I spend a great deal of every day in transit. I’m going from point A to B. In Los Angeles, I was constantly in transit too, but driving, dealing with traffic, fighting lane changes and rushing-rushing-rushing.
There isn’t as much rushing here. I’m taking public transportation and it’s going to take however long it takes and I have very little control over that.
So I have activities. I always have a book, my journal and my camera. But my mind, oh it wanders.
Sometimes I daydream. Sometimes I write elaborate letters in my head. Entire chapters of a memoir intricately tying in stories from my past and narratives. I let the entire impact of a solitary emotion overcome me. Many times, I find myself with small tears in the corner of my eyes which I pretend are simply beads of sweat rolling down my cheek, furtively looking around to see if anyone notices and sliding my sunglasses tighter into place. There is no limit to the friends, family, acquaintances who come to mind. I picture people who are no longer here sitting right across from me. I write entire dialogues for us as I ride through the Filipino countryside.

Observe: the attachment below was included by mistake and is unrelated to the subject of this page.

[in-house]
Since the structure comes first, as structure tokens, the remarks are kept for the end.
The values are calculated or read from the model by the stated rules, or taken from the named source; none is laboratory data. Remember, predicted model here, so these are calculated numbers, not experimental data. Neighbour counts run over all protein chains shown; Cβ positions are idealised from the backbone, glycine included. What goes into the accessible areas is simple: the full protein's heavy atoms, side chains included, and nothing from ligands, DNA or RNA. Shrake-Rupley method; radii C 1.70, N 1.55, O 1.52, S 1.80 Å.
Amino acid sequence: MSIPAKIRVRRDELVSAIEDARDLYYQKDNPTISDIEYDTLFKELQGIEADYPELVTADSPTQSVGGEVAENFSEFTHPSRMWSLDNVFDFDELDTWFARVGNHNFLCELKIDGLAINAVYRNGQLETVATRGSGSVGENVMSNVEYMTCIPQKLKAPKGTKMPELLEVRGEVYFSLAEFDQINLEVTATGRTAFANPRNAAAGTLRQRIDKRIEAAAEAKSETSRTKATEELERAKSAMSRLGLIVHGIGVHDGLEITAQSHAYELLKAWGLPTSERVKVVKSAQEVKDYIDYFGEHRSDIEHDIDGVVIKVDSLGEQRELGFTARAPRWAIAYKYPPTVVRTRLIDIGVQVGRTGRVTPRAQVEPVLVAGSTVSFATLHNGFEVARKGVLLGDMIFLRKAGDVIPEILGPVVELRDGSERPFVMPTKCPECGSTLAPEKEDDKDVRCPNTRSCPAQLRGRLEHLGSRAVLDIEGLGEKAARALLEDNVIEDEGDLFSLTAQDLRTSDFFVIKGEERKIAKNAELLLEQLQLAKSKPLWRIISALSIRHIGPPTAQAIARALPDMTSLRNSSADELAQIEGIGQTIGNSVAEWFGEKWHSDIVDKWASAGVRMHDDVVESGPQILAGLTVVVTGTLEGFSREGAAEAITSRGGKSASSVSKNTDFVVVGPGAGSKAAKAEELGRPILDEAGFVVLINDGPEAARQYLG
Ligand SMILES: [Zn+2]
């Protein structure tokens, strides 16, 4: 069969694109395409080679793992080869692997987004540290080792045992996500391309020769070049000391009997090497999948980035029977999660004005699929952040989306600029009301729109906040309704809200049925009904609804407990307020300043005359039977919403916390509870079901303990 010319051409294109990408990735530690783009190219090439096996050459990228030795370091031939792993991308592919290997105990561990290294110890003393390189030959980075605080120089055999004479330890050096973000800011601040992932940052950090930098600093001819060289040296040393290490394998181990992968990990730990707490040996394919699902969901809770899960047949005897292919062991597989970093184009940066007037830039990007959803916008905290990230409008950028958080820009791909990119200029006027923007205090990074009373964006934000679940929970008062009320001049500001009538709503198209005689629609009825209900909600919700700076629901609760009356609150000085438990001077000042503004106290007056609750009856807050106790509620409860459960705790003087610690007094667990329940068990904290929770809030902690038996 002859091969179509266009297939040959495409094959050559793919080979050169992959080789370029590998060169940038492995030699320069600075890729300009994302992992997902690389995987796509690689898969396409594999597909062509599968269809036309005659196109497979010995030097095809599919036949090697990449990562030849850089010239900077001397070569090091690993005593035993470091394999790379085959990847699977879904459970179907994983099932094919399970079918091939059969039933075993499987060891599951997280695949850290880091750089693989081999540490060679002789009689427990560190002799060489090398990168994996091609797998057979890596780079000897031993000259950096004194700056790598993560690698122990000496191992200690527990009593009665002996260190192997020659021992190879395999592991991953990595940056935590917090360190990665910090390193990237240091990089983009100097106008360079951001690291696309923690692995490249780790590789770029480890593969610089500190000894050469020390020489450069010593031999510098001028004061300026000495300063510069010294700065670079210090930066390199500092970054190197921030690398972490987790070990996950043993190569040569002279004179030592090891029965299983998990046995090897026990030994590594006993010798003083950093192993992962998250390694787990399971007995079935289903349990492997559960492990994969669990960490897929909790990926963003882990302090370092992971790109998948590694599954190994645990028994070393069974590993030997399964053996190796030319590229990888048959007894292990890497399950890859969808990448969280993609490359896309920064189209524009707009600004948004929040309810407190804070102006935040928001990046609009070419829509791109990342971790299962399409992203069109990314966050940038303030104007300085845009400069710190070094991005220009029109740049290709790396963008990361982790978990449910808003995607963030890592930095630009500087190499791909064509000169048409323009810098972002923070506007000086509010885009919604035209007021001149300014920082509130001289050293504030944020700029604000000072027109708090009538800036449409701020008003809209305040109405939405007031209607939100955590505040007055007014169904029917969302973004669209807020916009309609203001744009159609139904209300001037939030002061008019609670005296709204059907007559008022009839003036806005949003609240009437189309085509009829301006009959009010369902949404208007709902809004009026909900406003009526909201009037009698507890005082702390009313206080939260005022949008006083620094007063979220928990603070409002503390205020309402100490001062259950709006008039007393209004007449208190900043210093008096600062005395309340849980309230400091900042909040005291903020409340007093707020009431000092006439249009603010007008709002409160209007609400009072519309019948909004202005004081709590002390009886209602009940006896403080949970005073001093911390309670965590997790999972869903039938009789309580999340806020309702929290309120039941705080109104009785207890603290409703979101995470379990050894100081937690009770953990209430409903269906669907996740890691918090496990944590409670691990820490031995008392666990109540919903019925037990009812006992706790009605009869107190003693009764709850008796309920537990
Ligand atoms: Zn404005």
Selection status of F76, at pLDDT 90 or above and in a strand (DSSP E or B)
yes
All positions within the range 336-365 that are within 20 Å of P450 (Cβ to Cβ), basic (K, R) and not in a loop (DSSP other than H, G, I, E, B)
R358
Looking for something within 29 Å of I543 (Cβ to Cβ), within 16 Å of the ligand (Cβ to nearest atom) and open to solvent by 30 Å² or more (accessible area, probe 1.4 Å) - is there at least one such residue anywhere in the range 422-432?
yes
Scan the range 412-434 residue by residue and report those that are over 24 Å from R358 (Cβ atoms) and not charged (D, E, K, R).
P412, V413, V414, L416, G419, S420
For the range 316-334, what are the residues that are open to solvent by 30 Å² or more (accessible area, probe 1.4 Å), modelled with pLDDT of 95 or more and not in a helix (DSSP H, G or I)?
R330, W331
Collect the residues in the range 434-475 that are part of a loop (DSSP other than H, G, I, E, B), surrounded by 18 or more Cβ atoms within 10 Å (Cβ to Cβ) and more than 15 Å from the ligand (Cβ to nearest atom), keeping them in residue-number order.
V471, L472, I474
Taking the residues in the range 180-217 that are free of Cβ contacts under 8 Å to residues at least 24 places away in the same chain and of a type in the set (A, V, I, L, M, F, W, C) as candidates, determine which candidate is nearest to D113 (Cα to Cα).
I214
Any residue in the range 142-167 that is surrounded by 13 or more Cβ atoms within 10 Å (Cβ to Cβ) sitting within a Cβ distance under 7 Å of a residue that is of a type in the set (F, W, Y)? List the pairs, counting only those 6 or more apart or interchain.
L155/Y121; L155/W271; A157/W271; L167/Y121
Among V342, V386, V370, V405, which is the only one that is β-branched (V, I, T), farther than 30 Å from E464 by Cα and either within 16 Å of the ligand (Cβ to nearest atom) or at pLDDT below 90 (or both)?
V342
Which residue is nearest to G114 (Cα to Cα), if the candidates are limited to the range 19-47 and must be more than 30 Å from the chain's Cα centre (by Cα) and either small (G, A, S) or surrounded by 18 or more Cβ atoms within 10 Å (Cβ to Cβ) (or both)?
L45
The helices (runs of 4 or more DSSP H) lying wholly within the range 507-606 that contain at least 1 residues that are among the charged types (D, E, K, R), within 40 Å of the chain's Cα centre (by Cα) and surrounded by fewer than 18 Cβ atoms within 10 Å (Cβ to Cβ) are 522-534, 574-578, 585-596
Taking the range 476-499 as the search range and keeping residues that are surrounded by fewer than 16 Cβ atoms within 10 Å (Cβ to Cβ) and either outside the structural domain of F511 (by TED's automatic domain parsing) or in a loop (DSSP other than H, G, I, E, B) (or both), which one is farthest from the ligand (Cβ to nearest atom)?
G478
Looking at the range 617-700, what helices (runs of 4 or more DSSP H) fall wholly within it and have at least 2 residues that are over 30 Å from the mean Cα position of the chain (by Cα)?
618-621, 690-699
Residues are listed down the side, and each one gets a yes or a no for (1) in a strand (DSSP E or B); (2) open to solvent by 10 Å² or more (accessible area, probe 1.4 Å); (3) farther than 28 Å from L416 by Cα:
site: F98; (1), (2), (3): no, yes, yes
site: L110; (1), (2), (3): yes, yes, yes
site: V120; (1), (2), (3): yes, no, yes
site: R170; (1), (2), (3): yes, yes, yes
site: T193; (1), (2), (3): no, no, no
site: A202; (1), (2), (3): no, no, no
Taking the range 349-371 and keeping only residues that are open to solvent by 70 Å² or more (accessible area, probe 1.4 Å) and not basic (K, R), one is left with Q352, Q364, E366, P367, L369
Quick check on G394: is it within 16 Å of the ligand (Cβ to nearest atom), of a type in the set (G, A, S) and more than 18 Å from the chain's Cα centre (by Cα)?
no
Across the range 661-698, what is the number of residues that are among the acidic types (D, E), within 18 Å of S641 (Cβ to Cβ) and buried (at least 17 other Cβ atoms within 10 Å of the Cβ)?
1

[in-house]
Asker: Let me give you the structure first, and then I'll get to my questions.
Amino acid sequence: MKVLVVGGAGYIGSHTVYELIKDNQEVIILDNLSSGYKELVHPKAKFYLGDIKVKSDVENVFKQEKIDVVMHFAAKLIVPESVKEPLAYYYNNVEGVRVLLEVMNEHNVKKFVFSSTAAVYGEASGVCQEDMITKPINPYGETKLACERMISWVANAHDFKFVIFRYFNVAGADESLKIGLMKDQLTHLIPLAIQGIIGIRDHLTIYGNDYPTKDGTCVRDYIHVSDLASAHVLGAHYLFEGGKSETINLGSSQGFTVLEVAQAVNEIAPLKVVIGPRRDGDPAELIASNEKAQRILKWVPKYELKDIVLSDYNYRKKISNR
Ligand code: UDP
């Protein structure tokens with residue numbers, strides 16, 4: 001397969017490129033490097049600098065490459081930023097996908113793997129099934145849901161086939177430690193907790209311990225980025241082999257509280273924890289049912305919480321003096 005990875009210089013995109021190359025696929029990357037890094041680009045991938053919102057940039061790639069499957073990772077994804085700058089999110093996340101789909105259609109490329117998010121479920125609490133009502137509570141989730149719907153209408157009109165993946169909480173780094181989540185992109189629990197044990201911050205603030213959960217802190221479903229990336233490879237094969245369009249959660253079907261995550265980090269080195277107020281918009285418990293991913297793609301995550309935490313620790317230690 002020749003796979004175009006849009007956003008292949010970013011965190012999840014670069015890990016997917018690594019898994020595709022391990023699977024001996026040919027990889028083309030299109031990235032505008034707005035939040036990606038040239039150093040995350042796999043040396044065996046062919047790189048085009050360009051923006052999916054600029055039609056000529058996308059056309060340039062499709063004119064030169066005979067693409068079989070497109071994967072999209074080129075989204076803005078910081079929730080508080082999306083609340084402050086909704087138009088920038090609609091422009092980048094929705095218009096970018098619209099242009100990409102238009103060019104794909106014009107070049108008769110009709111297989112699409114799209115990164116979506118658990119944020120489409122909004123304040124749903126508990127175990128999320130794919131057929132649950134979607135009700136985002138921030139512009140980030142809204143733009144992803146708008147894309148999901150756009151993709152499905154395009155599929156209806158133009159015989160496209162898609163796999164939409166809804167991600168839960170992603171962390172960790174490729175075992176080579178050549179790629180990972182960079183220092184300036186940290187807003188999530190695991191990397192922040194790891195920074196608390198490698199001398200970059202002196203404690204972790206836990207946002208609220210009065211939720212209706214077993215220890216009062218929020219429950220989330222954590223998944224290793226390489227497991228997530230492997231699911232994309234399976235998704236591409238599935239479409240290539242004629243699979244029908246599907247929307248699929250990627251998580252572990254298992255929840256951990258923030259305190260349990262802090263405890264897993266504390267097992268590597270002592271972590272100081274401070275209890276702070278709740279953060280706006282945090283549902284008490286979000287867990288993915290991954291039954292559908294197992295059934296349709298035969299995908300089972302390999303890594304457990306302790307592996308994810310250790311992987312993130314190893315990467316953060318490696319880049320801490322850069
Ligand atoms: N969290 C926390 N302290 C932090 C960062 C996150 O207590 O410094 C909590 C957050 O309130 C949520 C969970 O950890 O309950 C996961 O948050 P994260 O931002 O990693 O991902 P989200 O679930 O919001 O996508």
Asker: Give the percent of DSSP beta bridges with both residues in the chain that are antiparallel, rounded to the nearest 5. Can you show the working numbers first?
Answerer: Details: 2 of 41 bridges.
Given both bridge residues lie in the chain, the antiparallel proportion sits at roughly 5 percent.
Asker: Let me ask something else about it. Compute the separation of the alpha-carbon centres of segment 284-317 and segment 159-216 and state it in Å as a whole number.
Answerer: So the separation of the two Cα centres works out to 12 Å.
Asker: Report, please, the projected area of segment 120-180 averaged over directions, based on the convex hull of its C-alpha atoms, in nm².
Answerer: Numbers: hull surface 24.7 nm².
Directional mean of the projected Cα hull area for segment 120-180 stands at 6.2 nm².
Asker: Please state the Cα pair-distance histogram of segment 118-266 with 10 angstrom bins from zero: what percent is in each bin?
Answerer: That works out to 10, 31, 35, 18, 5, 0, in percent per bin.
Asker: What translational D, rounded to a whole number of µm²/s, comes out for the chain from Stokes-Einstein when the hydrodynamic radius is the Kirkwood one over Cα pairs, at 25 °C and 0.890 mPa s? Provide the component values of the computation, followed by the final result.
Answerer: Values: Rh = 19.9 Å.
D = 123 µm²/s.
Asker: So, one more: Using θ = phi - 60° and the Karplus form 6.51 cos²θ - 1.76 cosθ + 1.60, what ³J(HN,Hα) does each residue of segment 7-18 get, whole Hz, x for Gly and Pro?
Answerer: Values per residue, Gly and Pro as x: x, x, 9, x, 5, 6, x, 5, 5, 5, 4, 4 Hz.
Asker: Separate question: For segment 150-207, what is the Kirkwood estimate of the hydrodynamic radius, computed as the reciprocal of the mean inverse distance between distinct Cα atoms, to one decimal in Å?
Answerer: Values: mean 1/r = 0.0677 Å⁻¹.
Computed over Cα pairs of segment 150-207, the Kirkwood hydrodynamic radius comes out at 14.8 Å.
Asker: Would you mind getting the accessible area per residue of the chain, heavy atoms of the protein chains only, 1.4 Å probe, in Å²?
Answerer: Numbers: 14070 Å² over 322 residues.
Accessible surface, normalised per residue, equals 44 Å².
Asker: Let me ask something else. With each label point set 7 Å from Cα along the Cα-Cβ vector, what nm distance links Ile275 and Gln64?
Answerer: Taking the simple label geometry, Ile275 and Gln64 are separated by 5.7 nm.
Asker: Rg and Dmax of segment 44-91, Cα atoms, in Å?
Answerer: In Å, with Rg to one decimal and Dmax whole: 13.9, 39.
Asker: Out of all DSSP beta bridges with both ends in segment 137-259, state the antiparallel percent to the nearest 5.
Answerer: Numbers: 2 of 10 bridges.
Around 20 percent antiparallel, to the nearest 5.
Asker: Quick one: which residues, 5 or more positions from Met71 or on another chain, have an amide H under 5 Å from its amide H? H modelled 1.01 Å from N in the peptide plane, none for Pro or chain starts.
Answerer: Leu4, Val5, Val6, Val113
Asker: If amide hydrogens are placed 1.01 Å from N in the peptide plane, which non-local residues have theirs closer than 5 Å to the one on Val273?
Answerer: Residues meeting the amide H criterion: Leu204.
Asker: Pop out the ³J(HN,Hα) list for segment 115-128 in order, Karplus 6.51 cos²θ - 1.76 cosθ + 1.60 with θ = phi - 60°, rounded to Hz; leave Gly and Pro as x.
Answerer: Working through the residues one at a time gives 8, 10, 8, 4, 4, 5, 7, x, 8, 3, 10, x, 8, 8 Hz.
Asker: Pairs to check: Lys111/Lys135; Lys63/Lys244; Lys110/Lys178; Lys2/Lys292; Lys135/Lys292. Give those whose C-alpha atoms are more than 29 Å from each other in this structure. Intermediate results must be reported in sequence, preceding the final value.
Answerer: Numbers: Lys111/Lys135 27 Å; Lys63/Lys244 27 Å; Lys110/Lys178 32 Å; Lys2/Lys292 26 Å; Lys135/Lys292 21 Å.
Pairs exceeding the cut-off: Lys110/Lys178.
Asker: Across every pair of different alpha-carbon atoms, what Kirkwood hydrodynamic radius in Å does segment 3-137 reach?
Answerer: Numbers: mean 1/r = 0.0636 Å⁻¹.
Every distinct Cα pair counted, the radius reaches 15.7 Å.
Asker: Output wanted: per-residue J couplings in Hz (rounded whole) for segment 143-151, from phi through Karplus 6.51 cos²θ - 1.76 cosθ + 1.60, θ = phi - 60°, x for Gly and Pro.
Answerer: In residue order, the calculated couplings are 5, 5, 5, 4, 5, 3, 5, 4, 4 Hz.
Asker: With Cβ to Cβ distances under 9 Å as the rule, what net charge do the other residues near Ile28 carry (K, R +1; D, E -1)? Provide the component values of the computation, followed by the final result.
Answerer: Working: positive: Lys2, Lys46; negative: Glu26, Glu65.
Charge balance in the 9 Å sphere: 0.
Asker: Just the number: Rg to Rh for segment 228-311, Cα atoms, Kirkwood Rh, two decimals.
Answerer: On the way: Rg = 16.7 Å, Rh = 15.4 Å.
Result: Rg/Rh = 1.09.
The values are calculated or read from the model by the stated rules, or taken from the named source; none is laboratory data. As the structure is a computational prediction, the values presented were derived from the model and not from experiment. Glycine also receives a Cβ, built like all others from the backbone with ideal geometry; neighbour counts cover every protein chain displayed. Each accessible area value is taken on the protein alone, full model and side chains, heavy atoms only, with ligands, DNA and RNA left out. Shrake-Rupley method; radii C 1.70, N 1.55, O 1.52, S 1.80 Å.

Those words come fast like rain, like the afternoon storm that strikes most afternoons here.
When I get back to wherever I’m sleeping at night, those same letters, those same stories don’t come to me the way they did during the day, when the sunlight was beating down on me and I was traveling from one town to the next.
I try to singe them in my memory, but I can’t. They’re gone. I try to tilt my head and imagine the wind whipping through and the sound of the gears shifting in the scrap-metal heap I was riding on, but it’s all like this, hazy and muffled.
Like a homeless cat back to the kitchen door for leftovers every nght after dinner, the sun sets and rises again and those words. Those letters. They come back. Fast like the rain, like an afternoon storm here in the Filipino countryside.